Ahu A Umi Heiau (Q4696393)

Summary from English Wikipedia (enwiki)

Ahu A ʻUmi Heiau means "shrine at the temple of ʻUmi" in the Hawaiian Language. It is also spelled "ahu-a-Umi", or known as Ahua A ʻUmi Heiau, which would mean "mound of ʻUmi". It was built for ʻUmi-a-Liloa, often called ʻUmi, who ruled the island of Hawaiʻi early in the 16th century. He moved the seat of government here from the Waipiʻo Valley. The seat of power generally remained in the Kona District until the plantation days hundreds of years later. Ahu A ʻUmi Heiau was also the place where the great chief Keawenuiaʻumi (the son of ʻUmi) hid to escape death from a strong aliʻi, Kalepuni, who attempted to take over Keawe's rule. The site was an enclosure surrounded by a number of stone cairns, up to four meters high and seven meters in diameter.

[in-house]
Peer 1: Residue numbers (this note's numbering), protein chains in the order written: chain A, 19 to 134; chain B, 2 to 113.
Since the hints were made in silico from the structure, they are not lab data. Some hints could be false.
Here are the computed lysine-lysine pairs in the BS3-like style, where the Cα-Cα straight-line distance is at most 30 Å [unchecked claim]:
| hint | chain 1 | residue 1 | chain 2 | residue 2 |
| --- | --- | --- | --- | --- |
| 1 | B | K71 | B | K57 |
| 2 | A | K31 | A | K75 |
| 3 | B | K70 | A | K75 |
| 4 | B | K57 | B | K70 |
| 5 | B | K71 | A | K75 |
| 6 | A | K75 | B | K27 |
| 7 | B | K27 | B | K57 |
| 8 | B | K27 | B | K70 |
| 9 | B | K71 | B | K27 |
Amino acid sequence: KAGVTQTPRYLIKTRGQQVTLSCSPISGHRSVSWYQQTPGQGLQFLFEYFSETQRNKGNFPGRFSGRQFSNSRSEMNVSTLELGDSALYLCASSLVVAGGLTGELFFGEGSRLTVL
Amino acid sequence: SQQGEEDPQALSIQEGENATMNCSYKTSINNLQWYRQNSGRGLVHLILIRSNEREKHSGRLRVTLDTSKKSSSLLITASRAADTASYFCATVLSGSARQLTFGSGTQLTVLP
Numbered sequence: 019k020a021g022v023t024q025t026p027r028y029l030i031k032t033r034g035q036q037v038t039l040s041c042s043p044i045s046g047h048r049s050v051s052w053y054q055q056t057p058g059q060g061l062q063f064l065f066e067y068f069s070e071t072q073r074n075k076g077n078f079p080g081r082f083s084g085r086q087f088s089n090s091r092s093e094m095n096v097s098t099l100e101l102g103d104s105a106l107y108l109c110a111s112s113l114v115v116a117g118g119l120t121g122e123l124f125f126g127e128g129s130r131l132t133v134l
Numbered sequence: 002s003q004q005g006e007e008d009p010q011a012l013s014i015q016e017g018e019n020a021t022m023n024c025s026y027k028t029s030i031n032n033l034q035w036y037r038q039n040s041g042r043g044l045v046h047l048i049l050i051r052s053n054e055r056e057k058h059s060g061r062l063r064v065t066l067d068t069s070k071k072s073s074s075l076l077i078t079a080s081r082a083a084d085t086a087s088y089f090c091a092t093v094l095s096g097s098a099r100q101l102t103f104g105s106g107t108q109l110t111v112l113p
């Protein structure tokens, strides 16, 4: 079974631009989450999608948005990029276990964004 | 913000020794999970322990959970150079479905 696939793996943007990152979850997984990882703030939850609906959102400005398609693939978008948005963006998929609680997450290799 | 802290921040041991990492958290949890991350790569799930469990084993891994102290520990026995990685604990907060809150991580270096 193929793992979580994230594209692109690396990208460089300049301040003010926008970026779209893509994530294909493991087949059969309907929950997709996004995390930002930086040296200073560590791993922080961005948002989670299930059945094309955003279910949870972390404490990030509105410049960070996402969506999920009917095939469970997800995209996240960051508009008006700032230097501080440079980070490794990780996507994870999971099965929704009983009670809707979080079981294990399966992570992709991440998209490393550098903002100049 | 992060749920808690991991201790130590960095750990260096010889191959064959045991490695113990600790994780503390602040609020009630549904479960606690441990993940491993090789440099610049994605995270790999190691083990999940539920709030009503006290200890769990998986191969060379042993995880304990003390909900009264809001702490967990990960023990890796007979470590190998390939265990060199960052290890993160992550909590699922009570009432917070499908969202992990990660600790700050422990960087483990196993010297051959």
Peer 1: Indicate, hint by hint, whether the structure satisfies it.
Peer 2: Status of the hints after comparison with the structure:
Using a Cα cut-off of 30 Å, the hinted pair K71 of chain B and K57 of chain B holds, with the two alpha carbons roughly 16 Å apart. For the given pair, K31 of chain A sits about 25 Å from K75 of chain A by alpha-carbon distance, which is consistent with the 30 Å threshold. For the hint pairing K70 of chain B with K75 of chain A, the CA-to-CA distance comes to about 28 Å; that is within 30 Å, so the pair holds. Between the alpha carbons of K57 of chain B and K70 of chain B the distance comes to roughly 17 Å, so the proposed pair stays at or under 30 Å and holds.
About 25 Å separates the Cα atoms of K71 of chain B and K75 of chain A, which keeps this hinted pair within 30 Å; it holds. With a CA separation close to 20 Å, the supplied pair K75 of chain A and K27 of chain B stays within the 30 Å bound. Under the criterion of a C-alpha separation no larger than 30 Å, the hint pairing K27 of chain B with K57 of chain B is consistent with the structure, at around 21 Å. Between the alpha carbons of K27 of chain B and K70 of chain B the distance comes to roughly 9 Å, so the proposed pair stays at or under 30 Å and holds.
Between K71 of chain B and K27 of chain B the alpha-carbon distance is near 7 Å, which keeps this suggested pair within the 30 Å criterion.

Wikidata location: 19.6369, -155.7836 view on OSM or edit on OSM


login to upload wikidata tags

no matches found

Search criteria from Wikidata

view with query.wikidata.org

National Register of Historic Places listed place (Q19558910) heritage:operator=nrhp
archaeological site (Q839954) historic=archaeological_site

Search criteria from categories

Archaeological sites in Hawaii historic=archaeological_site
National Register of Historic Places in Hawaii County, Hawaii boundary=protected_area, historic
Properties of religious function on the National Register of Historic Places in Hawaii boundary=protected_area, historic